On Friday March 28th, 2014, fellow The Queer Life writer Karissa Rae Mckelvey and I received last minute tickets to attend An Evening with Janet Mock. Sean from The Shine Study so kindly messaged me on Facebook the previous day to let us know that there would be tickets available to this event that sold out in less than 8 hours on Eventbrite.
Janet Mock recently published a book called Redefining Realness and is on tour throughout the country promoting the book. A little background information on Janet Mock:
- Creates transgender-specific programs and education for the LGBTQ youth center of the Hetrick-Martin Institute in New York City
- Started the Twitter hashtag #GirlsLikeUs
- Served as co-chair, nominee and presenter at the 2012 GLAAD Media Awards
- Appeared in the public as a figure promoting transgender rights (as well as infamously on the Piers Morgan show)
The event took place in the Rainbow Room at the SF LGBT Center located on 1800 Market Street, San Francisco. The event started upstairs in the VIP room where guests queued up for a chance to meet Janet Mock for 20 seconds, get their book signed, take a phone picture (official phone photographer on staff), and give her a hug.
Then everybody filed downstairs to the Rainbow Room to hear the event open with Breanna Elyce Sinclaire, the first trans woman at the SF Conservatory of Music as an opera singer. There were probably a couple hundred people at this event, which is a far cry from the Laverne Cox event held the week before at a different venue which housed thousands, eager to listen to the lecture. If you’ve never been to the Rainbow Room, it’s very intimate when it fills up. Beautiful trans-men and women filled up the audience, dressed to the nines for this prestigious event.
Celebrating Transgender Day of Visibility, started in 2009 by Rachel Crandall “as a reaction to the lack of LGBT holidays celebrating transgender people.” Speaker Cecilia Chung stated that while we honor those that have died for our freedoms as trans people in the modern day, “day of visibility is for the living to recognize our accomplishments.”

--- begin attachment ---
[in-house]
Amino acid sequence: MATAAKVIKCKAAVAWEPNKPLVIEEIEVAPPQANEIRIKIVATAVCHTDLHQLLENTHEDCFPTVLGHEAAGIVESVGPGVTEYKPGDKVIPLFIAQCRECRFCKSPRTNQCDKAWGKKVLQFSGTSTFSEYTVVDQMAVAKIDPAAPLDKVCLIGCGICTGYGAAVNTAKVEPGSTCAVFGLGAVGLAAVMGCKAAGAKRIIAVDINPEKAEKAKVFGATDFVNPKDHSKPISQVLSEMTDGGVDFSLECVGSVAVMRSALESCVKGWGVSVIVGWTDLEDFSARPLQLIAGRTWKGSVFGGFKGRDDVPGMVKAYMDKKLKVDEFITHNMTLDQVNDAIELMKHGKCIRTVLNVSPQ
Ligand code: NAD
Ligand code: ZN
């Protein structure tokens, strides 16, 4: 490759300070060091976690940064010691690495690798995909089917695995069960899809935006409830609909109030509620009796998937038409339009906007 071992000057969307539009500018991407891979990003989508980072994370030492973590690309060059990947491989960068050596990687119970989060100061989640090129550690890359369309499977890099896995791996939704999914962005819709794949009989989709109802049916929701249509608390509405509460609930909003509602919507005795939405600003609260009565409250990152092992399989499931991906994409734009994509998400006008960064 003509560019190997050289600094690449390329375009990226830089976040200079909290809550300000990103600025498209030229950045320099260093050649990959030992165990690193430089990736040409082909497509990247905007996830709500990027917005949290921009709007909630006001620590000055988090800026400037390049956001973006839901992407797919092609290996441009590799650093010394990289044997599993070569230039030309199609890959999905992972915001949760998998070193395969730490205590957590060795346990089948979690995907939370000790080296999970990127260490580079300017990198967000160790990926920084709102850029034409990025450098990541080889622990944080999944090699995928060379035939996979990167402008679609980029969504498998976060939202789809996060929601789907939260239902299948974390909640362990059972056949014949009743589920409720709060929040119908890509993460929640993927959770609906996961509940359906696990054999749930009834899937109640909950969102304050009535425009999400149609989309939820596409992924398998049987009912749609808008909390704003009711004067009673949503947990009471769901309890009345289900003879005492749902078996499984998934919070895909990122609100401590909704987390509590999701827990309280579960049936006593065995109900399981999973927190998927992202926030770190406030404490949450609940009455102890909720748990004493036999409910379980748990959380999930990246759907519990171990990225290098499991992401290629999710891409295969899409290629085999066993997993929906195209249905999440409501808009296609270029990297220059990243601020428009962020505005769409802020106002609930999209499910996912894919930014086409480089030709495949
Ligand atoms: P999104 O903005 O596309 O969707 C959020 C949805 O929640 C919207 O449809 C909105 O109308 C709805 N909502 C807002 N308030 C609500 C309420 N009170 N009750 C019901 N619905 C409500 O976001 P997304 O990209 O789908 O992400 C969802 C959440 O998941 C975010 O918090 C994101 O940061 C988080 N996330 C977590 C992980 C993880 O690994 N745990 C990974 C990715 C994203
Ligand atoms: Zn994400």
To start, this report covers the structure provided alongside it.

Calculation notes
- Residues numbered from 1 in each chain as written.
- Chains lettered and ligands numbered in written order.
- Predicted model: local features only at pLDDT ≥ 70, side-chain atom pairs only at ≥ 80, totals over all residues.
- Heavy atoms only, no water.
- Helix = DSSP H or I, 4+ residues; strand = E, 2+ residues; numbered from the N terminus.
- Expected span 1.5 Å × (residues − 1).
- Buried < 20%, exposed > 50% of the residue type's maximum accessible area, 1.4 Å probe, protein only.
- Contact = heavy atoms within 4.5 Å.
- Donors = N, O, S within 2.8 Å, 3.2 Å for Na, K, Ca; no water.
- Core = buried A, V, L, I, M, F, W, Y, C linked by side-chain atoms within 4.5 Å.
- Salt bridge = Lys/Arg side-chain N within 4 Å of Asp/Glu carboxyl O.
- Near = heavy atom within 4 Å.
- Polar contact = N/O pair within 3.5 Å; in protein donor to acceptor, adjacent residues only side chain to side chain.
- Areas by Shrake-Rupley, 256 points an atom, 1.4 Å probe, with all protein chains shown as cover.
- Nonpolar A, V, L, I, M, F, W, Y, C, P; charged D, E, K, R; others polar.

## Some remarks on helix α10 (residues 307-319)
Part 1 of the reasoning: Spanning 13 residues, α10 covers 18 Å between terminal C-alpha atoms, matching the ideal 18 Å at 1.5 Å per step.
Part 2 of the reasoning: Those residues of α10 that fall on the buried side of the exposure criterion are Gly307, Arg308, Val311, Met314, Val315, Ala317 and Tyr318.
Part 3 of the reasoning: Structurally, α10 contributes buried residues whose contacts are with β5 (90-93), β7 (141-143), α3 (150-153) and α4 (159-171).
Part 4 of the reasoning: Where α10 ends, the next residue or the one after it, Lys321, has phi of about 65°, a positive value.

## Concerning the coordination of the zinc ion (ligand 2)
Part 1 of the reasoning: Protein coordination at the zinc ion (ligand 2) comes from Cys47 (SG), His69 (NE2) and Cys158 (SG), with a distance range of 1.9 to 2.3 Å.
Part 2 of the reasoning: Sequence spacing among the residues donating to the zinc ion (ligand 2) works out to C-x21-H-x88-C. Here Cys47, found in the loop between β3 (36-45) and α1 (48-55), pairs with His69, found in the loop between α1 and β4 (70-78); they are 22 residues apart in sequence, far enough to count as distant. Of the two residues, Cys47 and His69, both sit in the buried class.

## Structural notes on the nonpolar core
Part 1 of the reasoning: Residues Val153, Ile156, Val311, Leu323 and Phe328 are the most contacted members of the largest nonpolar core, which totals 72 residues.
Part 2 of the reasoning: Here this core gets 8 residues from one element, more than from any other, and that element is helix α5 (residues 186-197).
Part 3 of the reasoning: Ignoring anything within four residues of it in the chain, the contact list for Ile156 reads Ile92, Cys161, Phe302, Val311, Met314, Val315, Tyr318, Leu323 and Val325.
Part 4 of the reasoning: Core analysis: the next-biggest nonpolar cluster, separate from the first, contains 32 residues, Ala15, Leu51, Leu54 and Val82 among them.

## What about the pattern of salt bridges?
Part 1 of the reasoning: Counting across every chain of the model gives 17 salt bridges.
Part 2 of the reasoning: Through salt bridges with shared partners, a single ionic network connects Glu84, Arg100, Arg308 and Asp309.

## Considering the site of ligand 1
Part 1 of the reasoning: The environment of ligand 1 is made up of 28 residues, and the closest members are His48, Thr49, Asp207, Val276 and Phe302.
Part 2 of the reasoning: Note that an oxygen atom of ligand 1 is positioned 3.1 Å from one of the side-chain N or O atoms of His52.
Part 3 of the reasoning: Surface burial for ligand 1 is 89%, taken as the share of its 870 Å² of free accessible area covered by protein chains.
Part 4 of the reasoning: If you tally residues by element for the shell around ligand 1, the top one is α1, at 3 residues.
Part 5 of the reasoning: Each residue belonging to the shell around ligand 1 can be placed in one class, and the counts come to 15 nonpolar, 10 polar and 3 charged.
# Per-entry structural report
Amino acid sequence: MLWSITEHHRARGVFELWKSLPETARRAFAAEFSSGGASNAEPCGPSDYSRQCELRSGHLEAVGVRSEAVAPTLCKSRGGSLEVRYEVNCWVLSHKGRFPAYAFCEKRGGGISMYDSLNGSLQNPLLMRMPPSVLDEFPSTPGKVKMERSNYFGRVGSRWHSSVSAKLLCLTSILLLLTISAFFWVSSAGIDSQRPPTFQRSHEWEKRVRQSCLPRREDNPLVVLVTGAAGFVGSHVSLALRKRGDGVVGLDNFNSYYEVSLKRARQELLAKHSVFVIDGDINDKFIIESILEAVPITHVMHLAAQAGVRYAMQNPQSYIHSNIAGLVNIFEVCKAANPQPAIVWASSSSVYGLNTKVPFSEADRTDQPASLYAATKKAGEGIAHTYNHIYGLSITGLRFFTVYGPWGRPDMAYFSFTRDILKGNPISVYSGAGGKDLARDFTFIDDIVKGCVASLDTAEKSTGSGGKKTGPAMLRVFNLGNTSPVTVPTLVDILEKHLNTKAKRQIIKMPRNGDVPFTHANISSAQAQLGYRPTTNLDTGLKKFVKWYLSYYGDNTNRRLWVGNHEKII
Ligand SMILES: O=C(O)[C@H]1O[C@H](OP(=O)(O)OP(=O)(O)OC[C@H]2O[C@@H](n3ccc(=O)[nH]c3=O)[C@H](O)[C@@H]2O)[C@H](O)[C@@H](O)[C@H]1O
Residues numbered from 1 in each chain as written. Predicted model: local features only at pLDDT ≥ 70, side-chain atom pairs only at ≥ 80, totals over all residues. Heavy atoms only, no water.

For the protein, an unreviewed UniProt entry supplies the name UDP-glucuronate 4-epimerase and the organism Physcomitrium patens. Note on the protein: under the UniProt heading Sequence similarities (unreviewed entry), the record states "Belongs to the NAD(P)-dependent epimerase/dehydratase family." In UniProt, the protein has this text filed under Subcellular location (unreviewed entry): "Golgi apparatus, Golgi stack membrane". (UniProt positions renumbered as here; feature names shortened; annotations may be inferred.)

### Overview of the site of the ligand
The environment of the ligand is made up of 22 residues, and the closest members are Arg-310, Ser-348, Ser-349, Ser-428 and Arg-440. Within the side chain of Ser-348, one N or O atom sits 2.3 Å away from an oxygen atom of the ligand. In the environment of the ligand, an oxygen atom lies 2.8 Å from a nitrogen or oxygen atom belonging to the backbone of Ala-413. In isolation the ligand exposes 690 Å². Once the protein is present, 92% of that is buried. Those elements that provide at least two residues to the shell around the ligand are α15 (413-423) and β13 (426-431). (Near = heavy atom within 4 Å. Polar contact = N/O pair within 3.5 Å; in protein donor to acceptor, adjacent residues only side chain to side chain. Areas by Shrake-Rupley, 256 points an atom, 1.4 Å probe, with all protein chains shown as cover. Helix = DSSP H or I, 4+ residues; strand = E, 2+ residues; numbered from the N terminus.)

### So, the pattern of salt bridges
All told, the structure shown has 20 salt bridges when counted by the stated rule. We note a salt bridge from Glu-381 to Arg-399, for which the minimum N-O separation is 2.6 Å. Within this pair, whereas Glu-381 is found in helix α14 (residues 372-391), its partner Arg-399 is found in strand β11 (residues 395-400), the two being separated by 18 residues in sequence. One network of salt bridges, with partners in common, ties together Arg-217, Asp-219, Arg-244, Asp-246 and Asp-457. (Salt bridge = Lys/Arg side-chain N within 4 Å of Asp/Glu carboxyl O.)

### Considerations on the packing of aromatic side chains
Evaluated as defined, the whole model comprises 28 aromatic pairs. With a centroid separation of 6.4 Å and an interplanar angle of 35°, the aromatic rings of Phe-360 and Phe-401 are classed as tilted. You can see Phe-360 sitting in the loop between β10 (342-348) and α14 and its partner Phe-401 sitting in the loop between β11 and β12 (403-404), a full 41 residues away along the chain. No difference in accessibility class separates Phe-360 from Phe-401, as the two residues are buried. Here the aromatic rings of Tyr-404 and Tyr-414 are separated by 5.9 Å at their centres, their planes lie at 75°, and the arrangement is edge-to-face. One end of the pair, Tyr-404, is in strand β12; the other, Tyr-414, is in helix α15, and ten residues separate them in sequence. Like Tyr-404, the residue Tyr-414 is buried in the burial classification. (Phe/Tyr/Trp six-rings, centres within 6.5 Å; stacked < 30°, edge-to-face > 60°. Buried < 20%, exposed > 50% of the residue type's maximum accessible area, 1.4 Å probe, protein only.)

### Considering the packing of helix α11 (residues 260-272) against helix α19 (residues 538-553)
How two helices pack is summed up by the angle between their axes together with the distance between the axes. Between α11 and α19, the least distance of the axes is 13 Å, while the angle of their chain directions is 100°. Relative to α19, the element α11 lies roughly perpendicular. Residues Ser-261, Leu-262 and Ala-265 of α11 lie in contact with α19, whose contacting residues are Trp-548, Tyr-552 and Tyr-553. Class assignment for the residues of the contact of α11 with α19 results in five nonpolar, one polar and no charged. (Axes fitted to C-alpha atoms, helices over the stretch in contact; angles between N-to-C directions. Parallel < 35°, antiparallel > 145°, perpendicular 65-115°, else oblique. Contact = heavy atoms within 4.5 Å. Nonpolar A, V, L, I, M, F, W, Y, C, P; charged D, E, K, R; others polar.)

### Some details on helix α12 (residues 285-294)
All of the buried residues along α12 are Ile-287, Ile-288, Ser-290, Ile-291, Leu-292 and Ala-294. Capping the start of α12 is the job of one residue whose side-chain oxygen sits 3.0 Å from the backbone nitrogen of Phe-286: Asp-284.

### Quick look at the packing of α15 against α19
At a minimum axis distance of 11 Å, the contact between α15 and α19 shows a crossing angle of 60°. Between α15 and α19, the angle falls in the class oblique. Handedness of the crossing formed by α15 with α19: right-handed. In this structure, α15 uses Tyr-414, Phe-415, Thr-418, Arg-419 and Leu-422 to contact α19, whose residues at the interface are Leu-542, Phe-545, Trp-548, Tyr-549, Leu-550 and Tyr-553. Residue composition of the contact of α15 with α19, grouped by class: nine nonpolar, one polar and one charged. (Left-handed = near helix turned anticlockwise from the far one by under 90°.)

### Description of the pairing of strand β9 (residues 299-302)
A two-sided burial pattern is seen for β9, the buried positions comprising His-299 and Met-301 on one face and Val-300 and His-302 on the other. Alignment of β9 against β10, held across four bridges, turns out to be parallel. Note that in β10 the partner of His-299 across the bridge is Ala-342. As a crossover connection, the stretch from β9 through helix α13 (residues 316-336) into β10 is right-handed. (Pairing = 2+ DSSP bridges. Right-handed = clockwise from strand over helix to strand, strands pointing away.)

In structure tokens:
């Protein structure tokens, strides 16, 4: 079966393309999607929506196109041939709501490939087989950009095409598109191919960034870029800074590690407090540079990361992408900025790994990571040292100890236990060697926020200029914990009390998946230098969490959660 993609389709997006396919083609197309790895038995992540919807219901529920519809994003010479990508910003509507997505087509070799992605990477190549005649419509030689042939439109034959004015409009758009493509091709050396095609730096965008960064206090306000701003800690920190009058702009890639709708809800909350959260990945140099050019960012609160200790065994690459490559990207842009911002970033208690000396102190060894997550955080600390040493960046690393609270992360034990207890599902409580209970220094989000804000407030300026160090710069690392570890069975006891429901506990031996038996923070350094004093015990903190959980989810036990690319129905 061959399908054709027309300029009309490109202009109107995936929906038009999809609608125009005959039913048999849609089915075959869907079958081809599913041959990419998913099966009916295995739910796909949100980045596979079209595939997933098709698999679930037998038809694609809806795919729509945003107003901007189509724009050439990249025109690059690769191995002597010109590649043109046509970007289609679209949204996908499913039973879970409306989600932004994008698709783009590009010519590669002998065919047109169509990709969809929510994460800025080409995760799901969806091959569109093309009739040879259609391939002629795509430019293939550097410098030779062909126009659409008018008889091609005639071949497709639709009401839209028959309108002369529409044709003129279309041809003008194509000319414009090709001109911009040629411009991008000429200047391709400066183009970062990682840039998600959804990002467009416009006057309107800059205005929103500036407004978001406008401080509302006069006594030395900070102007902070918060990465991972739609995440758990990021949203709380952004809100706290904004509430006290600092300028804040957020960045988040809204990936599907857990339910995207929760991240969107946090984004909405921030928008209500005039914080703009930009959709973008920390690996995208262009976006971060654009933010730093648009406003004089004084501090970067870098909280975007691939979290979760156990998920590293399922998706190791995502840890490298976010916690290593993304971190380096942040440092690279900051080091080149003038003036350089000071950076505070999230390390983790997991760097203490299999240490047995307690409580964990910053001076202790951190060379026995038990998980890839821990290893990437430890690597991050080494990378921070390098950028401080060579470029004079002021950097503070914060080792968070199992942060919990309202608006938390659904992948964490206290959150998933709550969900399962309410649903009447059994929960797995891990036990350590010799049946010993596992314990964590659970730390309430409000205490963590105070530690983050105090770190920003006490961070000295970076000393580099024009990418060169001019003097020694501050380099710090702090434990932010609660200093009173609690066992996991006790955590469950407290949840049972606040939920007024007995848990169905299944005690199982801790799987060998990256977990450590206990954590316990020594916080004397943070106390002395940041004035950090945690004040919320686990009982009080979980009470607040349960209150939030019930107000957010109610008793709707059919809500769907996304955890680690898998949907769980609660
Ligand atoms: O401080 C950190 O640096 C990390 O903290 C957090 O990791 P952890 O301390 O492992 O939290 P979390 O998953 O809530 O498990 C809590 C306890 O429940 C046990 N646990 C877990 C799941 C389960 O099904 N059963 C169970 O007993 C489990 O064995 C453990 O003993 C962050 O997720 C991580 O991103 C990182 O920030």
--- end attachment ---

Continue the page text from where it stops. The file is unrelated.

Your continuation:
Sponsors from the event include:
- Trans Thrive
- Shine Study
- Trans Employment
- Asia SF
- Transgender Law Center TLC
- The Center of Excellence for Transgender Health
To further honor Janet Mock’s work in the transgender community, the city issued her a proclamation of her accomplishments award and proclaim this: Janet Mock Day.
Janet Mock Speaks
When Janet Mock reached the podium, the crowd went wild with a huge round of applause. She starts out by reading excerpts from her book, beginning with her experience transitioning as a sophomore in high school. As a sophomore, her classmates elected Charles as their treasurer but Janet was the one who addressed the school. “There is power in naming yourself” she says when reminiscing about choosing the name Janet in response to her love for Janet Jackson. She then goes on to talk about her science teacher in high school who blamed her as the victim and used the wrong pronouns, which is a common experience that trans people experience in their development. Destiny’s Child validated her as a young trans-woman-of-color, which is “considered to be the farthest from the standard of beauty prevalent in our culture.” To further that ideal, Beyonce made her “love to be brown.” With all the strength and inspiration she received from her teen idols, she went forward and proclaimed “I don’t want to die before I’m truly myself or make any compromises to get the health coverage.”